I told Alexei about the affair. I told him in the carriage after the horse race. It began with another accusation after seeing my countenance so harrowed by Vronsky’s fall off his horse. I denied him once more, and he resigned himself again to troubling doubt. “‘Perhaps you are mistaken,’ he said. ‘In that case I beg your pardon.’” I felt so constrained by the whole lot of it, and after a year of making not-so-inconspicuous love and spinning the web of scandal, I broke and told him the truth that he didn’t want to believe. “‘No, you are not mistaken,’ [I] said. I was and could not help being in despair. I listen to you and think about him. I love him, I am his mistress, I cannot stand you, I’m afraid of you, I hate you … Do what you like with me’” (213). He showed no emotion at all, just as I had expected. He was indeed troubled by it, though. He was troubled that it would put a black smudge on his sparkling white reputation and that he, in turn, would fall out of the favor of the government. However routine his dull, unfeeling excuse for love becomes, I could not help but sob over his reaction. He made light of what took me months of consideration and deliberation and brought me deeper into disheartenment. Vronsky saw no problem in all this or in his novel idea of us running away together. I can assure you that Vronsky has not half the personal concerns that I do. He has no spouse protecting his honor nor a child in need of his love. I cannot continue to be ruined by his angelic visage, but if he, my life, should ever leave me, vehemently I believe that I, in turn, would leave my life.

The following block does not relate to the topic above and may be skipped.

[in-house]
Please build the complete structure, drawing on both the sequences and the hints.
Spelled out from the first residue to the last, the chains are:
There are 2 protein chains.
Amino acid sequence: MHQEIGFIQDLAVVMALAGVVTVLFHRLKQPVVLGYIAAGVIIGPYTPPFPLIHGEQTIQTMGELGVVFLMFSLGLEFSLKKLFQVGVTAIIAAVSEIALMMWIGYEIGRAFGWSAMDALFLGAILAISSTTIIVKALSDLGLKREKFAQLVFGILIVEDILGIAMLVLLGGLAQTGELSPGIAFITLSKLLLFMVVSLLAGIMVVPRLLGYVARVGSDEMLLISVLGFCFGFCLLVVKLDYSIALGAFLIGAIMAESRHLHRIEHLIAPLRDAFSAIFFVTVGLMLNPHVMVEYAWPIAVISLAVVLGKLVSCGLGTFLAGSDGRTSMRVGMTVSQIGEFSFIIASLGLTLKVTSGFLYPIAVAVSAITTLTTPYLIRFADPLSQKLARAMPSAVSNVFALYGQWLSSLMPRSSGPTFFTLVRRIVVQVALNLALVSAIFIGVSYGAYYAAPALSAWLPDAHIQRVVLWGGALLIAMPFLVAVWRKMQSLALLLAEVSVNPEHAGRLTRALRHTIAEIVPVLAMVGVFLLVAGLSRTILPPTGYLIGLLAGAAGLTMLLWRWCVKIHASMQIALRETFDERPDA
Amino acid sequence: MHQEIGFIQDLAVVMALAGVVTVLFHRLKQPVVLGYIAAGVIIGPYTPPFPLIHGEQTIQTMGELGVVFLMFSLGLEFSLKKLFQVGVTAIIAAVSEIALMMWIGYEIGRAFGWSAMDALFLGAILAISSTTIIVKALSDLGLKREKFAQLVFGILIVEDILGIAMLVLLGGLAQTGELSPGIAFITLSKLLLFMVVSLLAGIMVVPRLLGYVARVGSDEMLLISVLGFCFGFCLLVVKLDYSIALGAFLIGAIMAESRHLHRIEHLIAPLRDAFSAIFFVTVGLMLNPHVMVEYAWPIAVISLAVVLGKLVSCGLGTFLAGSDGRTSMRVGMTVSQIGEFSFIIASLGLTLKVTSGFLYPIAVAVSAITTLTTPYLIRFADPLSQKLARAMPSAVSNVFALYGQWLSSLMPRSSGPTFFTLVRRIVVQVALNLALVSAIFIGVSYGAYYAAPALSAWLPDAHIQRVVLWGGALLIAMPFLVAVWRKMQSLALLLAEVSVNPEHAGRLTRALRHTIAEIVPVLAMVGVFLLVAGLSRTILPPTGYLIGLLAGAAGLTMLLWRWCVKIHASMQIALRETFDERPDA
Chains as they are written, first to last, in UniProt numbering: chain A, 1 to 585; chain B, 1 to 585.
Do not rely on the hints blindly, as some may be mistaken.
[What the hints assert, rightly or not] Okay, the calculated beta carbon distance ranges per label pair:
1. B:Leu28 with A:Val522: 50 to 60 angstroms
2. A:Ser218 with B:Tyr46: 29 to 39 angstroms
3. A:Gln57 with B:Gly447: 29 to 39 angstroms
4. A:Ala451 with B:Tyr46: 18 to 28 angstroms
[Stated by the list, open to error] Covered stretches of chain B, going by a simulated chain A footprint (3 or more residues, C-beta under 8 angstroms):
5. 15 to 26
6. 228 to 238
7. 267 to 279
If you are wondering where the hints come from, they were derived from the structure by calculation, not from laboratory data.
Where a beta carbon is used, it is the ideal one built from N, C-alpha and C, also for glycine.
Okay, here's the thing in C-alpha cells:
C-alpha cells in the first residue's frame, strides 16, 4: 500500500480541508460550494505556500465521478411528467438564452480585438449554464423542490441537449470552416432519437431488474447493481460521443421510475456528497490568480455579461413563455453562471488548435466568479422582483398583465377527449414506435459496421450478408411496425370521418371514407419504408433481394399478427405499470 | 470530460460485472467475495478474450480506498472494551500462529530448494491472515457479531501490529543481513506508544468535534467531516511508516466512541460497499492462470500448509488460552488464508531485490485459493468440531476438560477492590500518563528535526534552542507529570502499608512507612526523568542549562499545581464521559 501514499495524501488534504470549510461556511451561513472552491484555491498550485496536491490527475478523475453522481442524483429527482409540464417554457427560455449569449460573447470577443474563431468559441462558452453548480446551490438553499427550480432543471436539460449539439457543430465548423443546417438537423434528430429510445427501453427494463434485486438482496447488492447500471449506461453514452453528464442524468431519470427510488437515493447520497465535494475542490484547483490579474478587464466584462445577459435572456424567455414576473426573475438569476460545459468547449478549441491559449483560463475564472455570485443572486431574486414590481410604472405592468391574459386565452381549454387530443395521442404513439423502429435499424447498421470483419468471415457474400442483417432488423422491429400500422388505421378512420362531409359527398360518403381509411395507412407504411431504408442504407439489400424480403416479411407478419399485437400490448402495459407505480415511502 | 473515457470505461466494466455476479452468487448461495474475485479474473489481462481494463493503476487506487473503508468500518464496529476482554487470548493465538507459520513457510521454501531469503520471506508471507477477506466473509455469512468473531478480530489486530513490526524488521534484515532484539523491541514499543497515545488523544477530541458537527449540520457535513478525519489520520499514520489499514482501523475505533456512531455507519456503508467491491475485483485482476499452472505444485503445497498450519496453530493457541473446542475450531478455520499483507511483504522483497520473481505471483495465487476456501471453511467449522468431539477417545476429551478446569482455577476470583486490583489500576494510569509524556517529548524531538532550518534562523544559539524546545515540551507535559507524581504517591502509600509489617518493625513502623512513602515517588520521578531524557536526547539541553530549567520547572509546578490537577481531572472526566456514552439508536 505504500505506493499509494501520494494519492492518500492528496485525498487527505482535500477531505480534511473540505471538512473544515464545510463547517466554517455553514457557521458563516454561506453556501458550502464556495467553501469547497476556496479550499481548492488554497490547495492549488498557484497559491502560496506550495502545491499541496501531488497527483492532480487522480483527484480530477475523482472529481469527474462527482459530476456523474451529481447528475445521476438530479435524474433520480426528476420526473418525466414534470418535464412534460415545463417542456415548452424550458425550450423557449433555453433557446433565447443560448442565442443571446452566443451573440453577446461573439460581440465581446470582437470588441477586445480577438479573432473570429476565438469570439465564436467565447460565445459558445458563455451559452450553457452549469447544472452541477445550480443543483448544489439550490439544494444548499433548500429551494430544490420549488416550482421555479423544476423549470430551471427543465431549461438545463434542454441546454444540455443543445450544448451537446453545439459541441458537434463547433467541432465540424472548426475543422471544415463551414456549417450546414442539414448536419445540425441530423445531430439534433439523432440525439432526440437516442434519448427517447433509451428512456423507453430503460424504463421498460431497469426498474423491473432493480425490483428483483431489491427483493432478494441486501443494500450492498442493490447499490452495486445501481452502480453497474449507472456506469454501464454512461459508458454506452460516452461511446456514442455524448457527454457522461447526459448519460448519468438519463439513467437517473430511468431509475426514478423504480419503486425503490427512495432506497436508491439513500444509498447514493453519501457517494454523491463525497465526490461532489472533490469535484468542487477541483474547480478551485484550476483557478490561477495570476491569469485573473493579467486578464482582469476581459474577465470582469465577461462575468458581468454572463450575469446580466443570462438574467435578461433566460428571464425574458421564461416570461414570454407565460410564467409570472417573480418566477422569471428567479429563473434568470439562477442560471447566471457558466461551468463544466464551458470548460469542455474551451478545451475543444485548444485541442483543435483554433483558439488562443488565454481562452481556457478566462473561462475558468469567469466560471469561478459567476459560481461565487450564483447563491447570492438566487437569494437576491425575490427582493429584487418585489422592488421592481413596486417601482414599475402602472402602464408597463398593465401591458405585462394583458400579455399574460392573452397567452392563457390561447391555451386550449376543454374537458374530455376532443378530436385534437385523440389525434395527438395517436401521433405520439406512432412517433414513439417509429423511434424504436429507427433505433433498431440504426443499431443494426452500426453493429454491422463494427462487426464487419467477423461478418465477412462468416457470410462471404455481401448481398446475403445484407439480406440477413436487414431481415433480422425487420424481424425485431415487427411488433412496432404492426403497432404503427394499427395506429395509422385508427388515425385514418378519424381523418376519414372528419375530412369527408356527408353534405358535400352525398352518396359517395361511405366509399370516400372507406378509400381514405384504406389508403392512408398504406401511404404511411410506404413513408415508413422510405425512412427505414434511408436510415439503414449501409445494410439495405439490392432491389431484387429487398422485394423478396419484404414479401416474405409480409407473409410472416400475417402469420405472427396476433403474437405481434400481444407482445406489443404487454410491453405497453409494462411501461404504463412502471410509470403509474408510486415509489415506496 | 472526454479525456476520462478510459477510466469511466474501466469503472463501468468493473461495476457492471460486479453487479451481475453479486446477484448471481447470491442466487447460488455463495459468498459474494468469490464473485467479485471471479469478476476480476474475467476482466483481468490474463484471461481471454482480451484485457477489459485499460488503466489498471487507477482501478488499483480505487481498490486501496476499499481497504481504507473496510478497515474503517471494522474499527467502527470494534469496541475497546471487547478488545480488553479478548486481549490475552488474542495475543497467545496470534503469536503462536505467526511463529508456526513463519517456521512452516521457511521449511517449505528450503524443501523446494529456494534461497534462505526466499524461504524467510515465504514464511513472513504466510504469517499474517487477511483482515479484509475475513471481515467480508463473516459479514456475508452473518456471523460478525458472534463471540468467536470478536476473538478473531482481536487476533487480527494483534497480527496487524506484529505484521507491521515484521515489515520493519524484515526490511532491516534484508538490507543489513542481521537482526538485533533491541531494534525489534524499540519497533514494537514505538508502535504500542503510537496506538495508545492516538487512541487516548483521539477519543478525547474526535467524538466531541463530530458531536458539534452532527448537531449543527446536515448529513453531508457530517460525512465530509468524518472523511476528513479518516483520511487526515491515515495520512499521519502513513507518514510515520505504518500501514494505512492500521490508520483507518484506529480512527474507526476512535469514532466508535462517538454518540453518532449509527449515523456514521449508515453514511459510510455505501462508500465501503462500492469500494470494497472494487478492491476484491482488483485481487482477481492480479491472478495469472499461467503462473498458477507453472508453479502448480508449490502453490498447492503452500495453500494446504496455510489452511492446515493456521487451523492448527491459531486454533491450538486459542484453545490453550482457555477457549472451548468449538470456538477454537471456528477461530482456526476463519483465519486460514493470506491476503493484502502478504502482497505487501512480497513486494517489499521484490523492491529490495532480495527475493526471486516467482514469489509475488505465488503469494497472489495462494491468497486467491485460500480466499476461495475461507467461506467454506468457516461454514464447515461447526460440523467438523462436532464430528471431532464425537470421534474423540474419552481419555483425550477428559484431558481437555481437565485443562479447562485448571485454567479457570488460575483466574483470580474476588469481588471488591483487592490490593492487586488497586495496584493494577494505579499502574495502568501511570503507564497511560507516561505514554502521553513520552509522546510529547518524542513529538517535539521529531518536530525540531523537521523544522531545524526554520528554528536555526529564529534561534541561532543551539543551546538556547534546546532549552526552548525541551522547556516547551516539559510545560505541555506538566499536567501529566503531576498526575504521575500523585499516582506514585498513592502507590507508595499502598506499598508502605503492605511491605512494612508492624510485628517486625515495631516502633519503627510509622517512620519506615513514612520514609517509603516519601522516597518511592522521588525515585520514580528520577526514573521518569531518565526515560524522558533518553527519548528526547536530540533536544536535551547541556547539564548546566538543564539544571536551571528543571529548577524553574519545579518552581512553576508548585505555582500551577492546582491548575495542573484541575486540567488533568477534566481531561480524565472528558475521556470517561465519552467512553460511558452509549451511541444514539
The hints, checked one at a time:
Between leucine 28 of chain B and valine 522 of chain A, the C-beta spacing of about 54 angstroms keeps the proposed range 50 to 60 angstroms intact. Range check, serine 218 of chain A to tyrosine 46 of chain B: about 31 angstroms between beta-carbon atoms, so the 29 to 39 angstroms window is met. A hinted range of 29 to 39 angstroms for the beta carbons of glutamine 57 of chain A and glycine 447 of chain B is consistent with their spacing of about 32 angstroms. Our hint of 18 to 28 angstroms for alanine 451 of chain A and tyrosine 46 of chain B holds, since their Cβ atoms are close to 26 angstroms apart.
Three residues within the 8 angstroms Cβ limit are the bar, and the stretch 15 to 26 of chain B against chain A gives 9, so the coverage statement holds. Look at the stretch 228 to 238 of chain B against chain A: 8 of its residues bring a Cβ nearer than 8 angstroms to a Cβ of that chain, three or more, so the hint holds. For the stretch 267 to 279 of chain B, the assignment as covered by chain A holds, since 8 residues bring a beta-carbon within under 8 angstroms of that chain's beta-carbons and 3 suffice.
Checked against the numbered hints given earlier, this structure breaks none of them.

Inside Anna Karenina's Head - Part 4
December 24, 2012